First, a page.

New retirement preparedness indicator: Financial and economic factors influencing Malaysia’s retirement readiness



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Manulife Asset Management has issued a report that introduces its Retirement Preparedness Indicator, which highlights the financial and economic conditions influencing the ability of individual economies to provide for their aging populations.

Entitled “Funding the golden years: The financial and economic factors shaping retirement provision for Asia’s rapidly aging populations,” the report finds that Malaysia faces a mix of demographic factors working for and against it in terms of providing financially for its retirees.

Part of Manulife Asset Management’s Aging Asia research series, it builds on the findings of its June 2012 publication, “Saving up: The chang- ing shape of retirement funding in a greying ASEAN”, whichreveals how the Association of Southeast Asian Nations (ASEAN), once considered to be among themost “youthful” in Asia, is actually aging more rapidly than most realise.

The new report divides the subject, countries and territories into three broad categories of retirement preparedness.

Those deemed to be facing the most favourable conditions are Taiwan, Hong Kong and Japan; those judged to have favourable conditions are Singapore, China, Malaysia and Thailand and those considered to be facing challenging conditions are Indonesia, South Korea, Vietnam and the Philippines.

Manulife Asset Management Services Berhad’s Chief Investment Officer Jason Chong said, “Malaysia is in many ways well positioned to provide for its citizens in retirement as it currently benefits from a relatively young demographic profile and a high savings rate of 35%.

“This implies that individuals are able to supplement the government- mandated pension scheme, which holds net pension wealth of just 6.4 times average annual incomes and has a relatively low coverage ratio of 33%.

“Other significant challenges facing the country are its swelling popula- tion of pensioners, which is growing more rapidly than its young populace, its low level of financial wealth and its relatively shallow financial markets, which limit the ability to mobilise private savings.

“This final point is crucial and is being addressed: the government recently introduced the Private Retirement Scheme, which is designed to channel private savings into longer term retirement savings vehicles.”

Oscar Gonzalez, an economist at Manulife Asset Management, remarked: “Malaysia faces a mixed bag of demographic factors that complicate its retirement prepared- ness picture. Its working age population (aged 15-64) will continue to account for about 60% of its populace through 2050, meaning that it will see significant numbers of new savers.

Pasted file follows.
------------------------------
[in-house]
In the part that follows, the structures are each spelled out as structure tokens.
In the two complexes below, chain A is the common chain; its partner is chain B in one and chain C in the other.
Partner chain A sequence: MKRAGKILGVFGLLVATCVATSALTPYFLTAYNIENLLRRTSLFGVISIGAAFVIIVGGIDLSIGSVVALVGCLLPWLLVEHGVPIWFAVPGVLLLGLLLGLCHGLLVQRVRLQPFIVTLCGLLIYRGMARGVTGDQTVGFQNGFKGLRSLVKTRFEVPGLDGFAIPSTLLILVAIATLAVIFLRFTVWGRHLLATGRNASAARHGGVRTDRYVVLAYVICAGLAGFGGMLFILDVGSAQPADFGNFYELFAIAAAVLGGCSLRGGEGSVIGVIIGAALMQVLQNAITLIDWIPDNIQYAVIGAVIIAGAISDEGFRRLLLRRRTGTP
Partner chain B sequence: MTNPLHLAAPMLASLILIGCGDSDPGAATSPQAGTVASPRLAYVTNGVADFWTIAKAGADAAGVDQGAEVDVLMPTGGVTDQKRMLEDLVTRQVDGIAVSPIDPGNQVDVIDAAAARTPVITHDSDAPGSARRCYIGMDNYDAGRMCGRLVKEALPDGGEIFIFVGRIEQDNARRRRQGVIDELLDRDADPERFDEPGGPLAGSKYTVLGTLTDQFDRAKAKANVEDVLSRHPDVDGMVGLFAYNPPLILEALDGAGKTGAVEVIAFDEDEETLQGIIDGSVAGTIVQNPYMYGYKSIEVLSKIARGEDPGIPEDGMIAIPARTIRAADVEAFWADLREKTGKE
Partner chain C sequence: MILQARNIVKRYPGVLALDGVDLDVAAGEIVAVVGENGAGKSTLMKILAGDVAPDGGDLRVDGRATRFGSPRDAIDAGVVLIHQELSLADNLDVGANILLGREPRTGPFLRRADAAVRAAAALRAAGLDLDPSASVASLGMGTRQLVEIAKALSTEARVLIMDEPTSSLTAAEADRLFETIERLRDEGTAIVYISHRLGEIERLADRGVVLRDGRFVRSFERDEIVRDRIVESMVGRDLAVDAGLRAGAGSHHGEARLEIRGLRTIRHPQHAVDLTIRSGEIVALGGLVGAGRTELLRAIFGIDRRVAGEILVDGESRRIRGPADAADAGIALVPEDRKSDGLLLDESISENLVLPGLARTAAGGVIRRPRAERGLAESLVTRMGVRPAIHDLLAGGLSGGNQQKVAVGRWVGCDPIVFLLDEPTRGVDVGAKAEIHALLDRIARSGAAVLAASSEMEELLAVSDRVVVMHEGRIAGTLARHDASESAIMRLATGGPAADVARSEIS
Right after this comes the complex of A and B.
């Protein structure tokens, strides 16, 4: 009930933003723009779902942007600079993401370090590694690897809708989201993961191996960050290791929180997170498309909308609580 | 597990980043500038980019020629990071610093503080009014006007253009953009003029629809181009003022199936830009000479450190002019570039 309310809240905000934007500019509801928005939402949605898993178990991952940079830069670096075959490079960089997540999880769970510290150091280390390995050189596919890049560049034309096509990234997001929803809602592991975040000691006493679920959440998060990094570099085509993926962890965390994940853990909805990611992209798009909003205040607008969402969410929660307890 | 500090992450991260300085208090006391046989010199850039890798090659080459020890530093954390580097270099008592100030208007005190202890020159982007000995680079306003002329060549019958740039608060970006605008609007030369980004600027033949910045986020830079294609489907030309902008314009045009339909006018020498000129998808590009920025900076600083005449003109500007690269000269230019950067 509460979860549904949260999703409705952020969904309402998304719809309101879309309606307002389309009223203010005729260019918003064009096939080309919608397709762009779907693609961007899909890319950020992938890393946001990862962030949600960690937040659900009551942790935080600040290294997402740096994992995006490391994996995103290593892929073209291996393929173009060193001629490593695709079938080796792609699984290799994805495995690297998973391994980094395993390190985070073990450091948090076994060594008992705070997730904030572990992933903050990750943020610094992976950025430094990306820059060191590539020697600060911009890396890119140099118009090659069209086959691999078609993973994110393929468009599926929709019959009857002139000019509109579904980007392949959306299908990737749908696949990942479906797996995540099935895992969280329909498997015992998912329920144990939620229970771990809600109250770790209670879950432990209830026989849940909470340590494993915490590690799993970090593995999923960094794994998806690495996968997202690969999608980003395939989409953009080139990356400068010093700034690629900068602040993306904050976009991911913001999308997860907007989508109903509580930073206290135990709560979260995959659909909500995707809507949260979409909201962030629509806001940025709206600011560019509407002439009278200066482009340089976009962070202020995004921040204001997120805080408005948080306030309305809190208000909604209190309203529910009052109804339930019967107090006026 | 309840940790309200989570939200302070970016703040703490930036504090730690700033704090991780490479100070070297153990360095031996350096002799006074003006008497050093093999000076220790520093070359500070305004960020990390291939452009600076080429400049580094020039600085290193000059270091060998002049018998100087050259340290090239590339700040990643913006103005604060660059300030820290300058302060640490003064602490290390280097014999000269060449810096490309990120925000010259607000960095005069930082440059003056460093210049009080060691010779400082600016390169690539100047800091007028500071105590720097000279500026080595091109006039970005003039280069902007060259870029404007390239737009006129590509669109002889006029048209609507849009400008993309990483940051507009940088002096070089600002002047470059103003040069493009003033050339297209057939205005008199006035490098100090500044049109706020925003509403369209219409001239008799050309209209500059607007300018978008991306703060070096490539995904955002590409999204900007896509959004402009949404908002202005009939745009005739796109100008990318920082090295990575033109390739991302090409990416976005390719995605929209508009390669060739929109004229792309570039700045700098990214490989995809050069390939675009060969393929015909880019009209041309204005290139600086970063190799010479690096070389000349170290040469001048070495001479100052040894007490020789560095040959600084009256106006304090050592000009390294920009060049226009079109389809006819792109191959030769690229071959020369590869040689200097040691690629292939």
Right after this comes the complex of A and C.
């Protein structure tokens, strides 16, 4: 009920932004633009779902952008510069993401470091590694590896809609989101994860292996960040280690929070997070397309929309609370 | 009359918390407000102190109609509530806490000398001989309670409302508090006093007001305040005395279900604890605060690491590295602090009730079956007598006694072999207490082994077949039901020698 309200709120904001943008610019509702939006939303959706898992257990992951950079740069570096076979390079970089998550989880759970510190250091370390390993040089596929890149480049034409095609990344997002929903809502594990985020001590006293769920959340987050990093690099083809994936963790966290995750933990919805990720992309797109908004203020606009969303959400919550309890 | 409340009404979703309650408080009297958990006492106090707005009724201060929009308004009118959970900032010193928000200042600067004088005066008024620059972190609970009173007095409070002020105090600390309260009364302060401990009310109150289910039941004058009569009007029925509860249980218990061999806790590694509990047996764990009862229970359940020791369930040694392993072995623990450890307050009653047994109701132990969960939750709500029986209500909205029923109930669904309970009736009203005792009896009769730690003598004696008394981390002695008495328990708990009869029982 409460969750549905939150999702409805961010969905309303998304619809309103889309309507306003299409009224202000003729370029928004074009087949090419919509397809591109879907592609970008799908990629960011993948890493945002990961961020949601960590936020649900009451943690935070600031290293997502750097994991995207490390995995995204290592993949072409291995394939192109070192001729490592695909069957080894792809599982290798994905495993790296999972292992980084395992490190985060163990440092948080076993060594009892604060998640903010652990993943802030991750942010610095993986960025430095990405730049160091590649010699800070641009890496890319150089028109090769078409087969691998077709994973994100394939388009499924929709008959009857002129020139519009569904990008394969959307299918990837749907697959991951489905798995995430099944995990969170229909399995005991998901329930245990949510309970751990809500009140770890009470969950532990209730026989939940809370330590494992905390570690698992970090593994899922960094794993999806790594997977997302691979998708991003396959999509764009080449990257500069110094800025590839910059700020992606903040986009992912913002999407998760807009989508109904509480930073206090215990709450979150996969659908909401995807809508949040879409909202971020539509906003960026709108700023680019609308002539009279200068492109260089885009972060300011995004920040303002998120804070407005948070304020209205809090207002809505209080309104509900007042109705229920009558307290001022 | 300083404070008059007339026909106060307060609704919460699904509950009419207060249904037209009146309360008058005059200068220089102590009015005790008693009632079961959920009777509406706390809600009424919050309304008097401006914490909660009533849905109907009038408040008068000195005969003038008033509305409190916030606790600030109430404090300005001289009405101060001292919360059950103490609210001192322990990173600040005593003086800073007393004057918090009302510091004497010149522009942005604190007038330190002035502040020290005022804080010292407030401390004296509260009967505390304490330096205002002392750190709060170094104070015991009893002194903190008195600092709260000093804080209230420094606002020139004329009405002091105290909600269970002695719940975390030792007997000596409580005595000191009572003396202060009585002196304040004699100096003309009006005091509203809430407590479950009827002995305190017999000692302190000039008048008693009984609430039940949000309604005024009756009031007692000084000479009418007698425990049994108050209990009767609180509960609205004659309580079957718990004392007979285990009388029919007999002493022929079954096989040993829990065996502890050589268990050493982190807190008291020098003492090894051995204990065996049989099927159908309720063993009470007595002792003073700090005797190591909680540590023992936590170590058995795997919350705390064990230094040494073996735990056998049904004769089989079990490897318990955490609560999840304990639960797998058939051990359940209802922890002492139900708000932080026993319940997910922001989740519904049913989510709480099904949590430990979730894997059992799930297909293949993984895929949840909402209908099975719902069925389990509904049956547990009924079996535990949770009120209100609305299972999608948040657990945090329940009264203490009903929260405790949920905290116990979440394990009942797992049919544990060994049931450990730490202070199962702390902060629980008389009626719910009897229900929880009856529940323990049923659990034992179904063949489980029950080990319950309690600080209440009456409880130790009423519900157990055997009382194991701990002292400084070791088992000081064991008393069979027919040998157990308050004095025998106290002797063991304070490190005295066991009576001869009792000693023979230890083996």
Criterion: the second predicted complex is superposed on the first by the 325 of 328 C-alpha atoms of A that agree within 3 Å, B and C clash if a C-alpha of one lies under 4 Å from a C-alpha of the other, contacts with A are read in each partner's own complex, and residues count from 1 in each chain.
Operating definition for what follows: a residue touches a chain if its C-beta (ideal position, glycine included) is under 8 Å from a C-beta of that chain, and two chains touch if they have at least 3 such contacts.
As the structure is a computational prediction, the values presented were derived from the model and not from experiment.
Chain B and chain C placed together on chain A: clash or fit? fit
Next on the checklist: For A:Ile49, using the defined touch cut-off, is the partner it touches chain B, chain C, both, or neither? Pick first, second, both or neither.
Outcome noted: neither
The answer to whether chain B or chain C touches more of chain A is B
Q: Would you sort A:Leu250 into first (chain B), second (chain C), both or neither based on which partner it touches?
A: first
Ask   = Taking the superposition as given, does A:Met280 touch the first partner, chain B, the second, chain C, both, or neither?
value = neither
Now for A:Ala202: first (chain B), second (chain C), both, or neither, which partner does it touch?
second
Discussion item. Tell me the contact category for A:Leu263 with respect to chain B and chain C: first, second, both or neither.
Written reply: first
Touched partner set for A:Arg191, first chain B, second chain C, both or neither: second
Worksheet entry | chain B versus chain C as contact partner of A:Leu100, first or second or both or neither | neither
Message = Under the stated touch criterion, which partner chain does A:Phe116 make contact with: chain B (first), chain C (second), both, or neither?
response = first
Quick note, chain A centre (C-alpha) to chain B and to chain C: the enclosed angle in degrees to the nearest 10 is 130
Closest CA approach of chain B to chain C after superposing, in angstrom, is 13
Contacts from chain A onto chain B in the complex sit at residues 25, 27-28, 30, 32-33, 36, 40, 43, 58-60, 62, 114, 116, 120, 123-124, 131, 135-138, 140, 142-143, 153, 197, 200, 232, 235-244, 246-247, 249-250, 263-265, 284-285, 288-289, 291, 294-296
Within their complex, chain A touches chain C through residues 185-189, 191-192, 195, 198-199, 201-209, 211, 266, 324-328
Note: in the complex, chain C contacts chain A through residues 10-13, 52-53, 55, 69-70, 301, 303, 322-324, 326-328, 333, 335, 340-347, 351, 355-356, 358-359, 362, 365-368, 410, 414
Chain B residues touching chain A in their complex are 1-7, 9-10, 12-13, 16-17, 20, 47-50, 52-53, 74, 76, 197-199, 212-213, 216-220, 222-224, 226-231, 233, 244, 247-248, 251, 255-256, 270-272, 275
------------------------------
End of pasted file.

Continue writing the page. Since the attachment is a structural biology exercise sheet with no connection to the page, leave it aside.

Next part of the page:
“At the same time, the share of its population older than 64 is projected to grow from 5% last year to 18% by 2050 and the share of its population younger than 15 is expected to fall from 30% to 18% in the same period.

“The net effect of these trends translates into a sharp drop in the nation’s elderly support ratio from about 12 working age citizens per elderly person currently to about 3.5 by 2050. It is ultimately the interplay between these demographic factors and financial and economic trends that will determine whether or not Malaysia will become rich enough to sufficiently fund retirements before it becomes too old.”

Manulife Asset Management’s Head

of Asia and President Michael Dommermuth said, “Asia as a whole is aging much more rapidly than most realise. Individual countries and territories face

varying conditions that affect their abilities to provide for their growing retired populations.

“The report reveals that most public retirement schemes in the region will need to be supplemented and that the ability to do so hinges on the availability of secured savings vehicles that unlock the potential to grow personal savings.

“This is strongly influenced by government policy support for enhancing financial market depth and the level of private sector interest in alternative savings mechanisms such as mutual funds.”

The report shows that Asia is likely to experience an increased shift in responsibility for retirement funding from the state to the individual and Malaysia is no exception to this trend.

As this shift takes place, Dommer- muth sees a growing need for investment products such as asset allocation funds that help build pension pots and, ultimately, income generating products that generate steady cash flow in retirement.

“Manulife Asset Management has considerable experience building multi-asset solutions designed to meet specific client objectives and constraints. Our dedicated asset management unit, the Portfolio Solutions Group, has investment professionals across the United States, Canada and Asia managing more than US$98 billion in asset allocation funds, making us one of the world’s leading asset manage- ment firms.

“Based on market knowledge gleaned from our footprint across 10 countries and territories in Asia, we know how to provide customised investment solutions that meet local market needs for retirement funding.

“This is why Manulife Asset Manage- ment Services is proud to be a provider to Malaysia’s Private Retirement Scheme, which is an example of a forward-thinking government taking proactive steps to improve the retirement preparedness of its population by facilitating the provision of long-term investment products to grow savings.”

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